Filters do what we tell them

In the email space we talk about filters as if they were sentient beings. “The filters decided…” “The filters said…” This is convenient shorthand, but tends to mask that filters aren’t actually deciding or saying anything. Filters are software processes that follow rules dictated by the people who create and maintain them. The rules flow from the goals set by the mailbox provider. The mailbox provider sets goals based on what their users tell them. Users communicate what they want by how they interact with email.

What we end up with is a model where a set of people make decisions about what mail should be let in. They pass that decision on to the people who write the filters. The people who write the filters create software that evaluates email based on those goals using information collected from many places, including the endusers.

What mail should be let in is an interesting question, with answers that differ depending on the environment the filter is deployed in.

Consumer ISPs typically want to keep their users happy and safe. Their goals are to stop harmful mail like phishing, or mail containing viruses or malware. They also want to deliver mail that makes their users happy. As one ISP employee put it, “We want our users to be delighted with your mail.”

Businesses have a few other goals when it comes to filters. They, too, need filters to protect their network from malicious actors. As businesses are often directly targeted by bad actors, this is even more important. They also want to get business related email, whether that be from customers or vendors. They may want to ensure that certain records are kept and laws are followed.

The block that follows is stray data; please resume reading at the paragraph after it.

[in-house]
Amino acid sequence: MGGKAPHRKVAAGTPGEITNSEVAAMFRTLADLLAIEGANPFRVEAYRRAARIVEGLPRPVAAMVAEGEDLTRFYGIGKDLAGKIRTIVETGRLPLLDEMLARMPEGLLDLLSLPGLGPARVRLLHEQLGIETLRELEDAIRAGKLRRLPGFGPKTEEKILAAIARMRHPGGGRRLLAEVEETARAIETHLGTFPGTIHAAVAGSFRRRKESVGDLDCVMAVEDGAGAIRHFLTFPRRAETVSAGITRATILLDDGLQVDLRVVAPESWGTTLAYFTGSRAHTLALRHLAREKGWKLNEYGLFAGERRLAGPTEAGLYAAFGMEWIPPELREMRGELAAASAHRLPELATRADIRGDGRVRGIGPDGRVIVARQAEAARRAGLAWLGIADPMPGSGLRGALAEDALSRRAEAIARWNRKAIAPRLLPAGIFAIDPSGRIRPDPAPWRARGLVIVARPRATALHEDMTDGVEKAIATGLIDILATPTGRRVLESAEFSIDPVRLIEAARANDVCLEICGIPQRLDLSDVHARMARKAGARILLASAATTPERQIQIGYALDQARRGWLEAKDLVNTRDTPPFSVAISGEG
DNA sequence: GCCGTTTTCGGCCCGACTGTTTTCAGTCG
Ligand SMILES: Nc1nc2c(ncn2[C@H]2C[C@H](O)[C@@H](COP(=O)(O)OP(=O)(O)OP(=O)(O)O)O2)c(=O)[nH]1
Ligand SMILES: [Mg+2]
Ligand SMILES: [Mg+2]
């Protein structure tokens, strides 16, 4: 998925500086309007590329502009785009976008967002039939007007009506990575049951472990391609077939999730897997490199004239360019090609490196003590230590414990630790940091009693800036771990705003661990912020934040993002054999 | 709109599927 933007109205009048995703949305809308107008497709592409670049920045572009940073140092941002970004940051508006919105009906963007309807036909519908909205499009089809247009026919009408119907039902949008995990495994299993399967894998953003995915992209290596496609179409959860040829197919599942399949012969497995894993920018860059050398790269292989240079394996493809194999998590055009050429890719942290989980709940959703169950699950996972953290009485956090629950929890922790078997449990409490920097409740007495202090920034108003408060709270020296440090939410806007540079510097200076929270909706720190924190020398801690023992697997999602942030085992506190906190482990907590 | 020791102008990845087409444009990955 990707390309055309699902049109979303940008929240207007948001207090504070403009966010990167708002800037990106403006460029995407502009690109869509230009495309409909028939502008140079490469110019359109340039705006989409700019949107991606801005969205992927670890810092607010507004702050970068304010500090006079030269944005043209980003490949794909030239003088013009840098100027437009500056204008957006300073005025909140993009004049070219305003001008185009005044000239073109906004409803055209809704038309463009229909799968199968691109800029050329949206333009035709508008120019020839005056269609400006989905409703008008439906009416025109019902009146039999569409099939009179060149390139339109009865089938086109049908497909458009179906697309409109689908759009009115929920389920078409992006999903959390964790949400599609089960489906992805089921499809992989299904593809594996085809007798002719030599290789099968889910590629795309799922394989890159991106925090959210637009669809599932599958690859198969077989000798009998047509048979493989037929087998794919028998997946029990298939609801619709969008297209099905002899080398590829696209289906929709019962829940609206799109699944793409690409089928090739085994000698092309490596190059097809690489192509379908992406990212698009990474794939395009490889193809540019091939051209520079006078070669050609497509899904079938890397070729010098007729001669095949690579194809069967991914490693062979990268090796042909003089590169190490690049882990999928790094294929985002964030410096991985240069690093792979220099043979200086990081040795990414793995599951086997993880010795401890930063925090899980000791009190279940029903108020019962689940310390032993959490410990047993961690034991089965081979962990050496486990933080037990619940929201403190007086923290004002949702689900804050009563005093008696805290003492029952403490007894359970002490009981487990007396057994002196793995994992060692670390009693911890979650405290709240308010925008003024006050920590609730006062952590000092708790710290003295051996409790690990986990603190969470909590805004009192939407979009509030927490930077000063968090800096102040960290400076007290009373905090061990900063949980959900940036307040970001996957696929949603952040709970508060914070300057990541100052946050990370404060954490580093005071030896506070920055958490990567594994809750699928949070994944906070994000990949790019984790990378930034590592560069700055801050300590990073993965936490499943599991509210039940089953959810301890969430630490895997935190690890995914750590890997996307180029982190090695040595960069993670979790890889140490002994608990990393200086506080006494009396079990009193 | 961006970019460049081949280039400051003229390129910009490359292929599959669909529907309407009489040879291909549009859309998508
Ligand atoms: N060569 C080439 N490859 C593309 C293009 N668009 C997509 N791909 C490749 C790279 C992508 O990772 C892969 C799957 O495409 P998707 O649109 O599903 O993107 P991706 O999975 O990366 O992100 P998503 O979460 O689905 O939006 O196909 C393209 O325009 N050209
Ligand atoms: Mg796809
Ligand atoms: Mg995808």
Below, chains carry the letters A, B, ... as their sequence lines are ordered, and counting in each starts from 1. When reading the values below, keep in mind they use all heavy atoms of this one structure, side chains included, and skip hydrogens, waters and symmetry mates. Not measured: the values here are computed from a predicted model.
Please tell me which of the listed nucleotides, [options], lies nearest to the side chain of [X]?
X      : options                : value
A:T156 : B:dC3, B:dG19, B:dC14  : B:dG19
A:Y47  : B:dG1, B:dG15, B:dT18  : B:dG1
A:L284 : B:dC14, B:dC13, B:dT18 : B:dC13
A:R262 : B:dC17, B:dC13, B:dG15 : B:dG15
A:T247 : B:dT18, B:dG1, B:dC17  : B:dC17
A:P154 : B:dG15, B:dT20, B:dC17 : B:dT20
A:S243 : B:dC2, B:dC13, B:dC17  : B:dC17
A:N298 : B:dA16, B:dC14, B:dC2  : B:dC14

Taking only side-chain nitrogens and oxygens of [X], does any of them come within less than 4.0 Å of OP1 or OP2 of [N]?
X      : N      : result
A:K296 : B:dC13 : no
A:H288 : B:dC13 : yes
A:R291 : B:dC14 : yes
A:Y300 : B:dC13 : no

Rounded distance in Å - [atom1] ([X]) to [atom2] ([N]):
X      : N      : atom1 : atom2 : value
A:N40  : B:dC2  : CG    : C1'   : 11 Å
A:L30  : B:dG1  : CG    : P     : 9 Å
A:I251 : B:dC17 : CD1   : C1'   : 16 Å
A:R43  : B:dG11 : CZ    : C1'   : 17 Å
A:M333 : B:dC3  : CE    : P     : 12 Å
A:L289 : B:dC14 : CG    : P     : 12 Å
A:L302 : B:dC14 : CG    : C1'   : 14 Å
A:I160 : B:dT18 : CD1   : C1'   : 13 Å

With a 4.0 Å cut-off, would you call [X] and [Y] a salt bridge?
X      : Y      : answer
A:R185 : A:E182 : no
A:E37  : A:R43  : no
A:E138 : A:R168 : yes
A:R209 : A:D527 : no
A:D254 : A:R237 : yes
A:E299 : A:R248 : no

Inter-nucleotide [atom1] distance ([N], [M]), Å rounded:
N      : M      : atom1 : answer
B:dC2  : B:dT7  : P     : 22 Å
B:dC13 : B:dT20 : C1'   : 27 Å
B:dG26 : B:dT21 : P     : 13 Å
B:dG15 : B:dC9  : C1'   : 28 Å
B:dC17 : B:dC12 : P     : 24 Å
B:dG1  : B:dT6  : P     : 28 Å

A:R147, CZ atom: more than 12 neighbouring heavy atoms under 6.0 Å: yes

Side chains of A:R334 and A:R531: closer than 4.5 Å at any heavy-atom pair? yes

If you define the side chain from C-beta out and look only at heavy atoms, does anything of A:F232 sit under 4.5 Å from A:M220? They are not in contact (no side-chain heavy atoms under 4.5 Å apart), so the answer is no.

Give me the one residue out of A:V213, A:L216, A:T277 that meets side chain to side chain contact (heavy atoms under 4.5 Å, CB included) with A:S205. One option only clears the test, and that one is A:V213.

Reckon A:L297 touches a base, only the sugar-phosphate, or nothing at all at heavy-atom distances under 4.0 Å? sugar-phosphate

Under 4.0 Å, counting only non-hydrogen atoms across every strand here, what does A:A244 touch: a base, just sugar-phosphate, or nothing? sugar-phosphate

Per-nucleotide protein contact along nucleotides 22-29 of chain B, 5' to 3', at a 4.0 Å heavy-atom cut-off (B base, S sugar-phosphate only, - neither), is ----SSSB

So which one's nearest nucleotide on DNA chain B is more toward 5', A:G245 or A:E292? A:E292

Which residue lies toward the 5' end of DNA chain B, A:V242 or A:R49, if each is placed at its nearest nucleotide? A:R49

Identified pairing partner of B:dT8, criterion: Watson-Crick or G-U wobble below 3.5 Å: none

Governments have another set of goals. Universities and schools have yet another set of goals. And, of course, there are folks who run their own systems for their own use.

Complicating the whole thing is that some groups have different tolerances for mistakes. For instance, many of our customers are folks dealing with being blocked by commercial filters. Therefore, we don’t run commercial filters. That does mean we see a lot of viruses and malware and rely on other strategies to stop a compromise, strategies that wouldn’t be as viable in a different environment.

Filters are built to meet specific user needs. What they do isn’t random, it’s not unknowable. They are designed to accomplished certain goals and generally they’re pretty good at what they do. Understanding the underlying goals of filters can help drive solutions to poor delivery.

Use the shorthand, talk about what filters are doing. But remember that there are people behind the filters. Those filters are constantly maintained in order to keep up with ever changing mail streams. They aren’t static and they aren’t forgotten. They are updated regularly. They are fluid, just like the mail they act on.


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